Nowadays, in my 64th year of life, I have undertaken to write a novel that is centered around this experience. The book, which will be a fourth novelic publishing project, is called King of Soul.

Who is the King of Soul, you may ask. You’ll have to read the book to find out. But of course you cannot read it, until I finish writing the dam thing, probably about 3 years from now.

Now when I’m doing this sort of project, I’m heavy on the research. The direction of my research will determine much of what happens in the story. For the last six months or so, I’ve been reading many books and articles about the 1960s. My historical novels are subjective explorations of selected time periods. The three previous novelic projects were propelled by research explorations in these years: 2005 (Glass half-Full), 2000 (Glass Chimera) and 1937 (Smoke).

1969 was, as Frank Sinatra might say, a very good year. On the other hand, in some ways it was a very bad year.

Just like any year, I guess. Depends on who you are, where you are, and what is happening around you.

What I found was happening around me and the other college students of 1969 was this: a helluva lot of change, and it was going down at a very fast clip. Most of the change revolved around three areas of societal ferment: civil rights, the Vietnam War, and sex.

I wandered, like millions of other high-school graduates, into a maelstrom of disruptive events and ideas.

My current enquiry about that anarchic decade has identified three main influences:

~the civil rights movement, which had started long before, but was accelerating in its intensity during that time

~the Vietnam War, and the draft

~the metamorphosis of the 1950’s “beats” into something new called the hippies

My first great discovery has been that the groundbreaking civil rights activists of the 1950s-60s taught the antiwar activists of the late 1960s how to mobilize and organize in order to get things done. The “Freedom Summer” of 1964 is the clearest expression of this development. That’s when bunches of white kids from up north spent their summer going down south to help blacks in their struggle for civil rights, and America was never the same after that.

My second great revelation is (as if we didn’t already know) the elephant in that era’s living room: the war in Vietnam.

This may seem obvious to anyone who was there, in the USA at that time. But God, and my advancing age, have taught me a great lesson in recent years. And the lesson is this:

One of life’s greatest satisfactions is to, by study, delve back into the time in which you were growing up, and learn about what the hell was going on then when you were so young and clueless about it all.

Toward that end, I am reading a great work of jouralism now, one of the best I’ve ever picked up: David Halberstam’s The Best and the Brightest.

http://www.amazon.com/The-Best-Brightest-David-Halberstam/dp/0449908704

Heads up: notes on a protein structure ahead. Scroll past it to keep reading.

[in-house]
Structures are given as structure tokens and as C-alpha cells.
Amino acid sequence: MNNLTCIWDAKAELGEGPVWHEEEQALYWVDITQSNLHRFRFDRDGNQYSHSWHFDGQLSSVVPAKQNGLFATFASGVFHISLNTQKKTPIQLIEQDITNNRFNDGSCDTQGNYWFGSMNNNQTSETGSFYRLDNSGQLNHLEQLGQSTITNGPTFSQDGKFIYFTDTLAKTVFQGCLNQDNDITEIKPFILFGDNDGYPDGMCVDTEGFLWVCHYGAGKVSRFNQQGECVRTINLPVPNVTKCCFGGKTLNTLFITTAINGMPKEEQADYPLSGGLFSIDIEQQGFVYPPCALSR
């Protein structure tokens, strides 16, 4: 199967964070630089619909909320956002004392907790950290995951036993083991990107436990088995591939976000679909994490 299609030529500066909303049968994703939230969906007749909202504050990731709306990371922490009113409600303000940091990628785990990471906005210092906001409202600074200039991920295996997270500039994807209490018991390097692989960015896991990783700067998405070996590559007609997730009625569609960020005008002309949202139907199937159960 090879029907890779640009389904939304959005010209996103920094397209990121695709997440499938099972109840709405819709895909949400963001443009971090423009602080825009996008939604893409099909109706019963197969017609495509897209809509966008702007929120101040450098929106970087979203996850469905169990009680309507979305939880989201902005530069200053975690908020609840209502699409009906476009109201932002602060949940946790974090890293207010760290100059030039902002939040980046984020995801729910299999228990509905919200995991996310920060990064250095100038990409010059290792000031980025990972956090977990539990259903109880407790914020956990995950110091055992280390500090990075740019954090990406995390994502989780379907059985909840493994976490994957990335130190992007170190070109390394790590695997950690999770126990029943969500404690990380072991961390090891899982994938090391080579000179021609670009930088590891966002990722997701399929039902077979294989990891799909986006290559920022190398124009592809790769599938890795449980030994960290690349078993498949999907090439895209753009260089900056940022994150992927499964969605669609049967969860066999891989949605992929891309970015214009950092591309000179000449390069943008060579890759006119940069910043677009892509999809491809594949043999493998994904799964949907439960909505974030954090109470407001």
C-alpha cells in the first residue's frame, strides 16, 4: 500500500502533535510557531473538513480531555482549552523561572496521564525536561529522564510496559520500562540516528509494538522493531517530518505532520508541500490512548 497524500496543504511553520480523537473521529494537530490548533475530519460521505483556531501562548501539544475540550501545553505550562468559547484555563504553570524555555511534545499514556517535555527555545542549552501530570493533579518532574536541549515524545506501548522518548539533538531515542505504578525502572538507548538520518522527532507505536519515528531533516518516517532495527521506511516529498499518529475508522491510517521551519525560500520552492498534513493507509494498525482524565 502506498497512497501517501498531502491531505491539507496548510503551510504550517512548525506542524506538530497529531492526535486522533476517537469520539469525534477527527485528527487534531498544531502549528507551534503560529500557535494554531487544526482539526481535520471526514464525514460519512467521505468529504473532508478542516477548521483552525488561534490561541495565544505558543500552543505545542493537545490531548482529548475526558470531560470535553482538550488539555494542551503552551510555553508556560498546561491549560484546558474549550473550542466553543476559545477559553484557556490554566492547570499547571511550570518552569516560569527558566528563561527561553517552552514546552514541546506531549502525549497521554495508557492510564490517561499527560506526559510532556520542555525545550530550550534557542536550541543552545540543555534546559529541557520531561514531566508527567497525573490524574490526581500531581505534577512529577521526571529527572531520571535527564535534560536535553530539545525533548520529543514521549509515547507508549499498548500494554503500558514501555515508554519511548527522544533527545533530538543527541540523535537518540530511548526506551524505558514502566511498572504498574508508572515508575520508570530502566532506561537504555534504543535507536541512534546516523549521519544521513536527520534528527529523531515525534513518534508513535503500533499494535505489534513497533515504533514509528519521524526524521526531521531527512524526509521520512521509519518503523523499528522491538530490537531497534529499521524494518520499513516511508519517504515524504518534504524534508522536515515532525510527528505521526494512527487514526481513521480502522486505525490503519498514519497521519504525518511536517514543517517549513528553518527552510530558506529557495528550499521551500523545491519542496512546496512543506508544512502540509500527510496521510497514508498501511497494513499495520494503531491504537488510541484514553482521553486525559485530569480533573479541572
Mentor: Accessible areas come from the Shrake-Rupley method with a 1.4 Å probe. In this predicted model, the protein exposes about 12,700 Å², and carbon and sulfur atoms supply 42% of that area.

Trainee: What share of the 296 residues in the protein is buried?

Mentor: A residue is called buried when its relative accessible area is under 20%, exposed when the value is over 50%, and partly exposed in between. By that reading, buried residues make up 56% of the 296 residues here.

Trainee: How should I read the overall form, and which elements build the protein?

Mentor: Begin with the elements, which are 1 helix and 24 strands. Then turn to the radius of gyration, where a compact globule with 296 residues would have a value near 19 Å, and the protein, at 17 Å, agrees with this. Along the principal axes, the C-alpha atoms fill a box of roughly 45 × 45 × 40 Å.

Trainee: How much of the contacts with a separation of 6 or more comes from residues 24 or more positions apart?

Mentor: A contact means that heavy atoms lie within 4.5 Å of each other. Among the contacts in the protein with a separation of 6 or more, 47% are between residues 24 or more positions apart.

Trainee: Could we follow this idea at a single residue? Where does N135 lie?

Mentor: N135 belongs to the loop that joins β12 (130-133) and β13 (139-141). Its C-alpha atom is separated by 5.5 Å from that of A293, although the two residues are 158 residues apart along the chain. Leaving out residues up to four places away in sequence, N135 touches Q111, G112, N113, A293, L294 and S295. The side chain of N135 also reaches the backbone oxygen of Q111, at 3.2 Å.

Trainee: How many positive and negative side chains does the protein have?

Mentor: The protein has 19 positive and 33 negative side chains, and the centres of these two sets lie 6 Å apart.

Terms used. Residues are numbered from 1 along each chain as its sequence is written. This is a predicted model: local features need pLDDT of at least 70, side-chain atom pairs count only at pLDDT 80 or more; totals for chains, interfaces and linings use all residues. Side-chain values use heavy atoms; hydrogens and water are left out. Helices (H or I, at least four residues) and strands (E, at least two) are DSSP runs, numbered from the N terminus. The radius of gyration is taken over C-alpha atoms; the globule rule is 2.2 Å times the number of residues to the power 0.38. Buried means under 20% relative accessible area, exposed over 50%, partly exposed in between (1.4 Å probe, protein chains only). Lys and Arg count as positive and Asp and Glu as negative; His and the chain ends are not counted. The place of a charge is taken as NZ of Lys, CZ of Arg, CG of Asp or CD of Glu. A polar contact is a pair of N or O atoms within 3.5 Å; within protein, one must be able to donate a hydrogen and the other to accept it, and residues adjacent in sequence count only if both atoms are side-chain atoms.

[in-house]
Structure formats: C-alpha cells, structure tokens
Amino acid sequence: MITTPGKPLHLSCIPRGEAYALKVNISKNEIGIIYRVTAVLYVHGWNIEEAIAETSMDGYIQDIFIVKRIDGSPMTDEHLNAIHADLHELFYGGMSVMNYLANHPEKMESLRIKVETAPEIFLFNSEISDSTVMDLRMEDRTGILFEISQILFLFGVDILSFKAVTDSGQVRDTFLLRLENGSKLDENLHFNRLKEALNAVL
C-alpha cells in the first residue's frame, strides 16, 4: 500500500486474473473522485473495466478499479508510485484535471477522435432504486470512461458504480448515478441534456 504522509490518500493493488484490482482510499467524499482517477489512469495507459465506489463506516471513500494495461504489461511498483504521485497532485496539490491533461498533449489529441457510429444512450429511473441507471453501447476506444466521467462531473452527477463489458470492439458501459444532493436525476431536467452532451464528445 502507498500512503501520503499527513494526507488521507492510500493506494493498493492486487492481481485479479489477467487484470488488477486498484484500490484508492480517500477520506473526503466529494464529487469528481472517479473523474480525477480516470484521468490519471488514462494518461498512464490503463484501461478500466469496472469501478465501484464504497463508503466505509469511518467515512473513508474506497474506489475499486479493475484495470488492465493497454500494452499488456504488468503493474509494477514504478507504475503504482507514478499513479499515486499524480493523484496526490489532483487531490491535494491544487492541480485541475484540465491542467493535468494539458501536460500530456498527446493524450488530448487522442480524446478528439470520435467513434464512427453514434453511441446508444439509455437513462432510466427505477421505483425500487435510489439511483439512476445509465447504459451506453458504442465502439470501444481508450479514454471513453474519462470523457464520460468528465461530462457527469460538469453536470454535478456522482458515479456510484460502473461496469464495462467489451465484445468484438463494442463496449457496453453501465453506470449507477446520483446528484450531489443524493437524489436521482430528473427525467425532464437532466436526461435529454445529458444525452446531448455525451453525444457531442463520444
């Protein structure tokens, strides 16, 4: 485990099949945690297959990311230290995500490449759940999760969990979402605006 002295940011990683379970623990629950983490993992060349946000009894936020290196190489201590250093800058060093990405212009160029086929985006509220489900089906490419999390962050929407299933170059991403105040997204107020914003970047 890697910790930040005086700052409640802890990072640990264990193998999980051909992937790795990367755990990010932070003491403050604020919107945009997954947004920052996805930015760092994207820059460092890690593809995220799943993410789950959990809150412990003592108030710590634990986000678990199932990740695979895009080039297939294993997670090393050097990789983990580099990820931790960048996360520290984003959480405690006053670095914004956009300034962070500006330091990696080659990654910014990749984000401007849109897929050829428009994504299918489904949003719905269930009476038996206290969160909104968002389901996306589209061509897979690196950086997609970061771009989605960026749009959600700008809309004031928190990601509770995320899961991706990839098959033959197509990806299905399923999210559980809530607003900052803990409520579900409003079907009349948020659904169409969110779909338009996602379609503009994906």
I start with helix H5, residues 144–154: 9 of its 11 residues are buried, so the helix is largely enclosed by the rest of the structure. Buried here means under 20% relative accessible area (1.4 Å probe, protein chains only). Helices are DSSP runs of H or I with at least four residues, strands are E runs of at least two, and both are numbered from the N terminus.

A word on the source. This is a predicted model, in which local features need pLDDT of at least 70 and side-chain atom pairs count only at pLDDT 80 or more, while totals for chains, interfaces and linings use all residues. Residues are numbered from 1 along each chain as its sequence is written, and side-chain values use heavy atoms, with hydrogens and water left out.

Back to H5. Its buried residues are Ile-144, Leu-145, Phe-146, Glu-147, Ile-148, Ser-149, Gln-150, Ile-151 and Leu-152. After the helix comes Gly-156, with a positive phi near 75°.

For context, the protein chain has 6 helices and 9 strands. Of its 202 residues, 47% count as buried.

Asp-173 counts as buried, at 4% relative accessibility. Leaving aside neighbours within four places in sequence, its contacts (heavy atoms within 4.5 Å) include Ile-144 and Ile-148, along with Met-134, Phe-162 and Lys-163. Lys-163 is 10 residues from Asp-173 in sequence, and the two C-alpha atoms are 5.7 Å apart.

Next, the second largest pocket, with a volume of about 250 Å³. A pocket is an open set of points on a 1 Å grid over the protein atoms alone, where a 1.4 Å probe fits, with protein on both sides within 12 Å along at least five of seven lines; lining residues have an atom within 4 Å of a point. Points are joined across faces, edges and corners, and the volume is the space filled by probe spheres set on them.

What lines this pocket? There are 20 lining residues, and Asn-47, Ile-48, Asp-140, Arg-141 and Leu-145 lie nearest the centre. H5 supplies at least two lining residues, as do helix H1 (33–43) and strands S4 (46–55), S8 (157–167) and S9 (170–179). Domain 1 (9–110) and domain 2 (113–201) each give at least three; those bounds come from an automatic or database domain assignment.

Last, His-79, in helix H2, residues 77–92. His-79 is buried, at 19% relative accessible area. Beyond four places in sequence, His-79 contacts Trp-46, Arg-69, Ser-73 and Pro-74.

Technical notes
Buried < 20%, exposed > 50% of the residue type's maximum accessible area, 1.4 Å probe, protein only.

Today I encountered in that book a startling realization. You can perhaps discern what it is by reading this selection from page 242 of the 1972 Ballantine paperback edition:

“. . .in making his (Secretary of Defense Robert McNamara’s) arguments against nuclear weapons, forcefully, relentlessly, he had to make counterarguments for conventional forces. We had to have some kind of armed might, so he made good and effective arguments for conventional weapons (and if the Chiefs wanted to use them in Vietnam, to send American combat troops without nuclear weapons, he had to go along, since he had developed the thesis, the mystique of what conventional weapons could do with the new mobility). He gave them a rationale, for his overriding concern was quickly to limit the possibilities of nuclear war, to gain control of those weapons.(emphasis mine).”

In other words, the slippery slope of  conventional warfare in Vietnam war escalation came about as an effort to prevent ultimate nuclear war with the Communists!

That’s something to think about. Who knows, maybe the strategy worked. Maybe it will help us understand how that war slid, over the course of a dozen years or so, from a few military advisors deployed in 1961 to 54,000 Americans dead by the time we finally got out of there in 1975.

There was, admit it or not, a rationale to the tragedy of Vietnam.

As we (still) face a 21st century situation of potential nuclear disaster, maybe the strategy of conventional war–a lesser evil– can fend off the worst possible bellicosity–nuclear war against the “Communists” of our present age, the Islamic State of Iran, or North Korea.

Our detonation of atom bombs over Japan in August 1945 has changed the world–and the world’s strategic inevitable realities–forever. We’d best not forget that. For the preservation of human life on this planet, any bellicose nations who strive to develop nuclear warheads must be kept in check.

 

Smoke